Last week, I talked about a way I hoped to teach my kids stewardship.  I left off by saying that I wanted to tie work with money.  So, I stopped calling it “Allowance” and started calling it “Commission”.  As we know, commission is what a person earns by selling something, by working.  So, Keri and I (ok, mainly Keri) set out to develop a list of chores she could do to earn her commission.  The chores we came up with were quite simple and age appropriate, but Eliana, like all normal kids, struggled to get them done.  So, my thought was to help her understand that:

  • Work = commission (money)
  • Less work = less money
  • No work = no money

When we reviewed her weekly chores, the first week, she did a few of them, but not all.  So, I paid her $5 instead of $7.  And, of course, to make it a bit more painful, the $2 shortage came out of her Spend envelope.  She was not happy.  I explained that in order to receive the full amount, a full week’s work was expected.  The following week, she went on strike.  She did no chores.  Like most normal kids, she was testing me.  I wasn’t going to bend.  So, when it came to reviewing her work for the week, she revealed she did nothing…and she didn’t get paid.  This made her mad, but she was catching on.  The following week, she did them all, and I gave her full pay.

Fast forward to 2015, and Kya turned 7.  Same thing, same rules.  Pretty much the same story.  She did chores for a while, then backed off, then refused to do any.  She quickly learned the tie between work and money, and did a pretty good job of doing her chores faithfully each week.

Fast forward to 2018, and Everett turned 7.  Again, same story.  But something was happening to my own budget along the way…paying commission to three kids was getting expensive!  By 2018, Eliana was getting $12, Kya $10 and Everett $7.  I was paying $29 per week in commission!  Yet, the stewardship principles they were learning were worth it IMO.

For example, after I had been paying Eliana for a few months back when she was 7, she still wasn’t quite sure what to do with her Give envelope.  I tried to coach her on all the needs that others had (sometimes it’s hard for kids to understand that there are people less fortunate than them) and how she could bless them with her earned money.  I mentioned paying for the car behind you in a drive thru, and around Christmas that year, we found ourselves in a McDonald’s drive thru.  Her voice came from the back of the van.  “Hey Dad, can I pay for the car behind us?”  She caught me off guard.  Tears welling up in my eyes, “Of course you can!  How much do you have in your Give envelope?”  “I don’t know, I think like $6.”  My gut sank as I knew that wasn’t a lot of money, and that the car behind us was a van, and that it could have been a big bill.  But I wanted her to have the thrill of paying for the whole bill.  I prayed a quick silent prayer to God that $6 would be enough.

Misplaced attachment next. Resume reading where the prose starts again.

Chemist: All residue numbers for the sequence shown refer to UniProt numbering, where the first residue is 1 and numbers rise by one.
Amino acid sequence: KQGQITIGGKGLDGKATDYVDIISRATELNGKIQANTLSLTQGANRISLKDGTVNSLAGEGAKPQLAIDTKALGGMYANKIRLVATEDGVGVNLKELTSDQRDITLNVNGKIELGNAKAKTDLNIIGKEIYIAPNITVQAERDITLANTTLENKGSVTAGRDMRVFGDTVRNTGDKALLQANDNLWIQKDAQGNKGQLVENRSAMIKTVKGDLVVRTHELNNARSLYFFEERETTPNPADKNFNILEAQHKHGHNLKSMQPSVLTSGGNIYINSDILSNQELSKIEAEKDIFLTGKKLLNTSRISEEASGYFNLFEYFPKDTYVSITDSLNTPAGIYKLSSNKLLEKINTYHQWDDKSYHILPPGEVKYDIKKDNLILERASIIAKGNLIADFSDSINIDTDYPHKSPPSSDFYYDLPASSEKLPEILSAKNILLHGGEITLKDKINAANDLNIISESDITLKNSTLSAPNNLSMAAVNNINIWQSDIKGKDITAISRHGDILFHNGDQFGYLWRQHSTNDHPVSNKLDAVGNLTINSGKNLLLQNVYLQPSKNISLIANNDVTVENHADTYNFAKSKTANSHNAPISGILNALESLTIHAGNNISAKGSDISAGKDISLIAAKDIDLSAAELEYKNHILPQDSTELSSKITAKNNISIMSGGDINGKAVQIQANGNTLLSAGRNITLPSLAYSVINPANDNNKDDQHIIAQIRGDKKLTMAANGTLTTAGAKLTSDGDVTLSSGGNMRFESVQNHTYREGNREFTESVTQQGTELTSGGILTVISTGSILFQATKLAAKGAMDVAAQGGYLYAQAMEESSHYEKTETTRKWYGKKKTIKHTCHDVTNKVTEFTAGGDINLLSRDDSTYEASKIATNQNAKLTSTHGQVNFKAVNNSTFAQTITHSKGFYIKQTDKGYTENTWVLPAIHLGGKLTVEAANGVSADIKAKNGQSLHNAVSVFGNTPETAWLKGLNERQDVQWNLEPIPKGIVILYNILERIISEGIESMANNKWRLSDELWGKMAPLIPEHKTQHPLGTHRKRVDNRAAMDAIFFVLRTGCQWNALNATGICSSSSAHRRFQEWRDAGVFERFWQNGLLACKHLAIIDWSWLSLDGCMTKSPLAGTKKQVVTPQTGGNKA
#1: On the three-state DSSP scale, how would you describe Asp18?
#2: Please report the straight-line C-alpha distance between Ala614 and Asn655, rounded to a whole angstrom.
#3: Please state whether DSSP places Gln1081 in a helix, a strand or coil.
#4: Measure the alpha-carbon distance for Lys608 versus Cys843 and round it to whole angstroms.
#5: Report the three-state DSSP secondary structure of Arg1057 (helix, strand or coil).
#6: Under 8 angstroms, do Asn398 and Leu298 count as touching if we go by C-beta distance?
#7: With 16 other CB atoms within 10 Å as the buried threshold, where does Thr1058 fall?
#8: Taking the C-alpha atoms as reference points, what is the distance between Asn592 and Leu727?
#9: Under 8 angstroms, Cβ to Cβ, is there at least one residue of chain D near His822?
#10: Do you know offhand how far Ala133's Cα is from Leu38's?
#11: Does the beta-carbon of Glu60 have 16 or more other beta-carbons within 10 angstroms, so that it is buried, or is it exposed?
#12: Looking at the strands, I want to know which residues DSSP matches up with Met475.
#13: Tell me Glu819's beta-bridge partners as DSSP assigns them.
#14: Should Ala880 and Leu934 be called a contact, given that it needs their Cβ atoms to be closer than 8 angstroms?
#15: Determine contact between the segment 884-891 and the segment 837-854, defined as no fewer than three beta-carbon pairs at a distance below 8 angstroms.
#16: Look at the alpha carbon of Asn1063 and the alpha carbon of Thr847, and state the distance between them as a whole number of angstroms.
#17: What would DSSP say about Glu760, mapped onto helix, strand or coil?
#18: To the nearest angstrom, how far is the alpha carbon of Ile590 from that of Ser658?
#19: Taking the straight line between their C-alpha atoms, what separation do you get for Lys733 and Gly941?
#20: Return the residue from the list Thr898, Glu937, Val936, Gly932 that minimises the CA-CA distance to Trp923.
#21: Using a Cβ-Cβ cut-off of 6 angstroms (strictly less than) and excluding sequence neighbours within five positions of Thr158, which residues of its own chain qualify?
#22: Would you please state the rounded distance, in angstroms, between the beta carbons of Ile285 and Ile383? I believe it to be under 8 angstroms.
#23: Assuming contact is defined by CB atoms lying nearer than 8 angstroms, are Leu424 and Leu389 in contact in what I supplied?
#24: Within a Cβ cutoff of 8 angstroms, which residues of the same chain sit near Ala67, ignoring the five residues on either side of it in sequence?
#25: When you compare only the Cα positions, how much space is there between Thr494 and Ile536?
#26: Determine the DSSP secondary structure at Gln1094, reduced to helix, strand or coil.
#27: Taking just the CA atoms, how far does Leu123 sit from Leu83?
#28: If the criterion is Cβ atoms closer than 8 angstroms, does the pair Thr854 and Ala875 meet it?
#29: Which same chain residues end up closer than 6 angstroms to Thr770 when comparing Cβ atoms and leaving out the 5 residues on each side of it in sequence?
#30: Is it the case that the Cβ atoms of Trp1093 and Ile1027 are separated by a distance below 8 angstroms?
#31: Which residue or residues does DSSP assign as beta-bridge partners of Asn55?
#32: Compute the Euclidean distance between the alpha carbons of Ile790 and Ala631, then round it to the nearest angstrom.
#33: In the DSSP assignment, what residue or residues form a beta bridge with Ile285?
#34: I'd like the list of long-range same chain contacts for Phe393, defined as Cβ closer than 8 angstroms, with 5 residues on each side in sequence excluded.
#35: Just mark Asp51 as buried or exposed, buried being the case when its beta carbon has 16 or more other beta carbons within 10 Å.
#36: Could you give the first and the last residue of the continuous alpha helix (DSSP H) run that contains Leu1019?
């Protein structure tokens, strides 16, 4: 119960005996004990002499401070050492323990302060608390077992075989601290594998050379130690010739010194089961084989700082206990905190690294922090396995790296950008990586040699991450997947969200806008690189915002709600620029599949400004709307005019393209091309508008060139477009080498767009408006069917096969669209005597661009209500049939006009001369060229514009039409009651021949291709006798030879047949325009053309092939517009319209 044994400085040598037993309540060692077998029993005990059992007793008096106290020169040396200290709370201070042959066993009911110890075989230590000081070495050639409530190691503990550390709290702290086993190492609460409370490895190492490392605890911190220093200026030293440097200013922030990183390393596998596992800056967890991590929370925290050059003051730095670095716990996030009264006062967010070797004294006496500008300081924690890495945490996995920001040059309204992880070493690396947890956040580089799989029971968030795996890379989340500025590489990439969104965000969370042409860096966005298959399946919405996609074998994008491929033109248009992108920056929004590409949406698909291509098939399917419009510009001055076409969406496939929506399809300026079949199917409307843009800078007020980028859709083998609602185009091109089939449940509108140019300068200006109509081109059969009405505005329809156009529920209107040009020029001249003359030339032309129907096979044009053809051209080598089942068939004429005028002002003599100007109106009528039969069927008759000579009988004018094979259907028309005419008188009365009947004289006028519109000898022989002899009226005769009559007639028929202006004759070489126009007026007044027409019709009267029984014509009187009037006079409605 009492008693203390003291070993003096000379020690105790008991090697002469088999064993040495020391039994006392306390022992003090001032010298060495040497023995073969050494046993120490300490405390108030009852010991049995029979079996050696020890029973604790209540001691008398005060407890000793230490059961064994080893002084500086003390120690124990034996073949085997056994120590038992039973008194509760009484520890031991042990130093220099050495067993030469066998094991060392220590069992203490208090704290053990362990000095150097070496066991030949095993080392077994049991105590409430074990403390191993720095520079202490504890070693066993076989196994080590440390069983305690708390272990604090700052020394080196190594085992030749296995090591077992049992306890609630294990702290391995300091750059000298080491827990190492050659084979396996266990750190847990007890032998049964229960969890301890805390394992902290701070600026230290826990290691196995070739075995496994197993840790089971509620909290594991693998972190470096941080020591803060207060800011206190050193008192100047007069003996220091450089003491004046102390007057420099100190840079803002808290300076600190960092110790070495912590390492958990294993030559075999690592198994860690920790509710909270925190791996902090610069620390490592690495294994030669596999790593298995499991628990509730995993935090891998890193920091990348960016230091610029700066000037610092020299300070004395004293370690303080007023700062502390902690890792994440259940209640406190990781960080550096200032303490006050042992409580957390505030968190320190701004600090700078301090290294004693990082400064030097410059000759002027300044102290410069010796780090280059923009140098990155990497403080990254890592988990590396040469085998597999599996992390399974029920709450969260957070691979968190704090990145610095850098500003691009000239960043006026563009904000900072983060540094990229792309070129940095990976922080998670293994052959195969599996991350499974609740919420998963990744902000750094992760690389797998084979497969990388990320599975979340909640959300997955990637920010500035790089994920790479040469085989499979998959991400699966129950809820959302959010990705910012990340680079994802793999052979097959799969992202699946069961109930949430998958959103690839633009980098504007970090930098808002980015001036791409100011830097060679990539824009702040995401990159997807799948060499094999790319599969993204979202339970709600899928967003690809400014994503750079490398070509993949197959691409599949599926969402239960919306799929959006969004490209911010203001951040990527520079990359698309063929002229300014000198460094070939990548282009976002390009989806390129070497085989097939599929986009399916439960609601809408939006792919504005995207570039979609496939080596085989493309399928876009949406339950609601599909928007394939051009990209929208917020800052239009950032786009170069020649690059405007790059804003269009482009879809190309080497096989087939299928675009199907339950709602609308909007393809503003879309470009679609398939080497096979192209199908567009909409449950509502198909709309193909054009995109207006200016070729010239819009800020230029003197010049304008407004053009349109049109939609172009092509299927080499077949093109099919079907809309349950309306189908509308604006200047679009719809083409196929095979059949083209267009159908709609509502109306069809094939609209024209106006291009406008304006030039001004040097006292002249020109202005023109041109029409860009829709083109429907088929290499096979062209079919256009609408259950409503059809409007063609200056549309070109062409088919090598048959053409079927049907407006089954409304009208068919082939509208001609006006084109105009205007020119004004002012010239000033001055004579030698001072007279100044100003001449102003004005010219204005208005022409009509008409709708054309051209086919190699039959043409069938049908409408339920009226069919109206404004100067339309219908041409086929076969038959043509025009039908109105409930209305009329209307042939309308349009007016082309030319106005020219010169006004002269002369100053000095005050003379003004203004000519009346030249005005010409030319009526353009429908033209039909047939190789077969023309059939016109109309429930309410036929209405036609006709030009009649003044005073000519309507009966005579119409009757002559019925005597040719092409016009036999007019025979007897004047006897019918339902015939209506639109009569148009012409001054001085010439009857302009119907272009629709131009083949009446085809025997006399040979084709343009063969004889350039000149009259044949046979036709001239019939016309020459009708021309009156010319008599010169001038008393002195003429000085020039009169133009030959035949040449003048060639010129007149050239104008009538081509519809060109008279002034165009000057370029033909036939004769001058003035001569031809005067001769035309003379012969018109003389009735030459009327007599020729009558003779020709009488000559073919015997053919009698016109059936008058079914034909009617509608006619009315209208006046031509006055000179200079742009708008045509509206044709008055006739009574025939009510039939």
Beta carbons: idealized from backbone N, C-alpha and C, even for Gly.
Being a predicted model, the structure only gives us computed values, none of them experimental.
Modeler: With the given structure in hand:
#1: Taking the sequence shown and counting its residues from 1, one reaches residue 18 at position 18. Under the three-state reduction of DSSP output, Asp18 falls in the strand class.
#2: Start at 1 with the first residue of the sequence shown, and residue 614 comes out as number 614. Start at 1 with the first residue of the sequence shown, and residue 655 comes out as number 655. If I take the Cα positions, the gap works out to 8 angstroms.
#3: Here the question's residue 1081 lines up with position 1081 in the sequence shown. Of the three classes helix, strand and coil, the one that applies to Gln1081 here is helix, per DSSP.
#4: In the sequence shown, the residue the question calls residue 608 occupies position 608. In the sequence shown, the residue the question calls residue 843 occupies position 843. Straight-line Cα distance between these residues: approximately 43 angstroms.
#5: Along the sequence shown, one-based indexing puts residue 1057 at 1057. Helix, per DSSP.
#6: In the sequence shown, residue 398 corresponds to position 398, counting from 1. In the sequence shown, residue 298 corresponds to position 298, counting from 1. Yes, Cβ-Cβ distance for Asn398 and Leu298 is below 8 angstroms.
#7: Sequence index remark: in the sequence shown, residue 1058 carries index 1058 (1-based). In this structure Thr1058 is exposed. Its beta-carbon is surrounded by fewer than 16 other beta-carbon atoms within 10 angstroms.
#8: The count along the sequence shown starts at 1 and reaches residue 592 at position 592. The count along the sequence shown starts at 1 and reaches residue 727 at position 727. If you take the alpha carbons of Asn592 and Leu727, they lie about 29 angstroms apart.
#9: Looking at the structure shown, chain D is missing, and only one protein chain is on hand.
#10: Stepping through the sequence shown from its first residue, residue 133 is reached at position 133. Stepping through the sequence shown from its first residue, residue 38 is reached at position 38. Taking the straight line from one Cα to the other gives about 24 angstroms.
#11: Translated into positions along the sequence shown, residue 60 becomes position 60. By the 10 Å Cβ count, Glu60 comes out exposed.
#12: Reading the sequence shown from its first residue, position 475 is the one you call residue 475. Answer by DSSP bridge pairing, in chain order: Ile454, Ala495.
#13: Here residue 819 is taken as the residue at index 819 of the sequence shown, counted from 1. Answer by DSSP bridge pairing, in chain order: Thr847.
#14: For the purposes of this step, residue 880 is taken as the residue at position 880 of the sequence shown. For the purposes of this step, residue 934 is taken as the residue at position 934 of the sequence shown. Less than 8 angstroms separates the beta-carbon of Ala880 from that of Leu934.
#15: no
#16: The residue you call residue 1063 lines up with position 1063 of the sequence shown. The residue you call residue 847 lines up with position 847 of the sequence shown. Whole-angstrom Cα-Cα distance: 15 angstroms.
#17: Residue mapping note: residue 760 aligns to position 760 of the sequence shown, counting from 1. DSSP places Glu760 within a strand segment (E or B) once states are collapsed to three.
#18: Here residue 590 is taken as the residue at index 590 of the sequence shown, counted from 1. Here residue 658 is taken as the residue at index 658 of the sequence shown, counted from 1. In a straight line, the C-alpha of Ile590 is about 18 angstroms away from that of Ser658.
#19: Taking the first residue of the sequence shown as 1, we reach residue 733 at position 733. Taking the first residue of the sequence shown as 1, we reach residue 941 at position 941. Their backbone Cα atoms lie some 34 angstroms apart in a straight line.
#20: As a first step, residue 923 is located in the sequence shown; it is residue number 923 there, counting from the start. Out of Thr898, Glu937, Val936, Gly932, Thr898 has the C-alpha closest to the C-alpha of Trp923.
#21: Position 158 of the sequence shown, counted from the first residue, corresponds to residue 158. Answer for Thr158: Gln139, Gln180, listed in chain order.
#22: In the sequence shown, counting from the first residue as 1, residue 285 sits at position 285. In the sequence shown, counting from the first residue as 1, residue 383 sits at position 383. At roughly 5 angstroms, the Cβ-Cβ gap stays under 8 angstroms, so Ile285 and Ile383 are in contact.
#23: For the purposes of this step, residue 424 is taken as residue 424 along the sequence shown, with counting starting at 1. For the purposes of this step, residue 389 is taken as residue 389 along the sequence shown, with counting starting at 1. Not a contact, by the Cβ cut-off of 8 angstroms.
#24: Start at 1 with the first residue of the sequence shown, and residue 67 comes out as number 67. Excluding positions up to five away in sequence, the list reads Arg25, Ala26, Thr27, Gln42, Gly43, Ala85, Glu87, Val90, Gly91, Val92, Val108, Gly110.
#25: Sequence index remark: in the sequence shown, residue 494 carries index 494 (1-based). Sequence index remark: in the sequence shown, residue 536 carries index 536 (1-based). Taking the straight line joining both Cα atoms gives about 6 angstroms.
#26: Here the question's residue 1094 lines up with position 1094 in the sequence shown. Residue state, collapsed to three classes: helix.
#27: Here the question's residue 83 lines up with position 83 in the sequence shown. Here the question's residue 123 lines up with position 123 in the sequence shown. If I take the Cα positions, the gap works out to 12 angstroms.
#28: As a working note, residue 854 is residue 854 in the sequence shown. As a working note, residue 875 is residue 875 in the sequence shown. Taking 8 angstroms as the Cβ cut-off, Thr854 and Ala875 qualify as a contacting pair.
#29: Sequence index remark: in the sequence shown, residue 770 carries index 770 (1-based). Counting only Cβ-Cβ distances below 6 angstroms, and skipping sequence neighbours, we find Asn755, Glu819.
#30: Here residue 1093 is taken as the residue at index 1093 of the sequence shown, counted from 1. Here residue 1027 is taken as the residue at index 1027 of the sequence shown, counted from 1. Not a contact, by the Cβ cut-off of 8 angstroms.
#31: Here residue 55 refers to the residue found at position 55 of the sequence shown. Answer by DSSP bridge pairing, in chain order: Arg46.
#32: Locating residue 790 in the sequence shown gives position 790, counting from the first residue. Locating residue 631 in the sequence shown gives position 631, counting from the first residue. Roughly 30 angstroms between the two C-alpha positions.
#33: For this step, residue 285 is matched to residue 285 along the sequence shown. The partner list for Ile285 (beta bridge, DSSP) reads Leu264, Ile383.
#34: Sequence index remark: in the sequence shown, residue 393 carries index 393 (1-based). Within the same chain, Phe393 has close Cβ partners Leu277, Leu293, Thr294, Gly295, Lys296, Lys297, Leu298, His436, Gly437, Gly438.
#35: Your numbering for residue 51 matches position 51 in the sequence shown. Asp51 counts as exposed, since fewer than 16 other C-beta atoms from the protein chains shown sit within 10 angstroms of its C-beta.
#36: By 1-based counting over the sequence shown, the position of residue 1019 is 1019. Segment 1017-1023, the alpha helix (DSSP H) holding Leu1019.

We arrived at the checkout window and paid for our meal.  I then told the lady that my daughter would like to pay for the van behind us.  “Wow, how kind!”, came the response.  “Let’s see, that’ll be $5.99”.  Just enough!  I breathed a sigh of relief and nodded in affirmation of my daughter’s act of kindness.  “Anything you want me to tell them?”, asked the drive thru attendant.  I looked back to see what Eliana wanted to say.  “Tell them Merry Christmas and that Jesus loves them.”  I nodded, the lady acknowledged.  I drove away.

There are many other stories of my children’s acts of kindness with their Give envelope.  There are also many stories of the dumb things they buy with their Spend envelope.  There are stories of how there’s been times when they’ve not done their chores, and I’ve chosen to show grace and pay them their full commission anyhow.  There are stories of how they have given to Operation Christmas Child and how they have bought nice things for their friends at birthday parties.  There are stories of times when I’ve paid a bonus when I’ve seen them go above and beyond when helping me or mom.

It’s 2020.  I’m now paying a total of $35 per week to these kids (that’s $140 per month for those keeping score at home).  Yet, the reward of seeing them steward their money is priceless.  I’ve got 2 years until Eliana turns 16 and I’ll drop her weekly commission.  And, there will be a day when Everett drops off too.  The commission I’ve paid is nothing compared to the lessons taught, and hopefully learned.  I know this idea isn’t for everyone, it is expensive, and I’m certainly not saying this is the best way or only way.  And, needless to say, I’m certainly not pushing my views on you.  But I hope you, gentle reader, have picked up a thing or two that you can implement into your family’s financial lives.  Teaching stewardship is hard.  But consistency and effort are key.

I don’t know what my 3 kids will do when they’re all grown up and have there own lives and families.  But one thing I know for sure, they know the first 10% of what they earn goes to God (to their local church), the Tithe envelope.  The next 10% goes to others in need, the Give envelope.  The next 20% gets saved for future needs, the Save envelope.  And the rest can be spend on whatever they want, the Spend envelope.  They will know that the order matters, God first, then others, then self.

Is it perfect?  No.

Am I forcing my views on others?  No.

Am I being intentional in teaching stewardship to the next generation?  I’m trying.

I hope you will to.

What about you?  What ideas do (or did) you have when teaching your kids about money?  I’m hopeful my community can share with each other as we all learn and navigate this idea of stewardship together.  Feel free to reply to this email or leave a comment on Facebook.  We’re in this together!

Thanks for reading!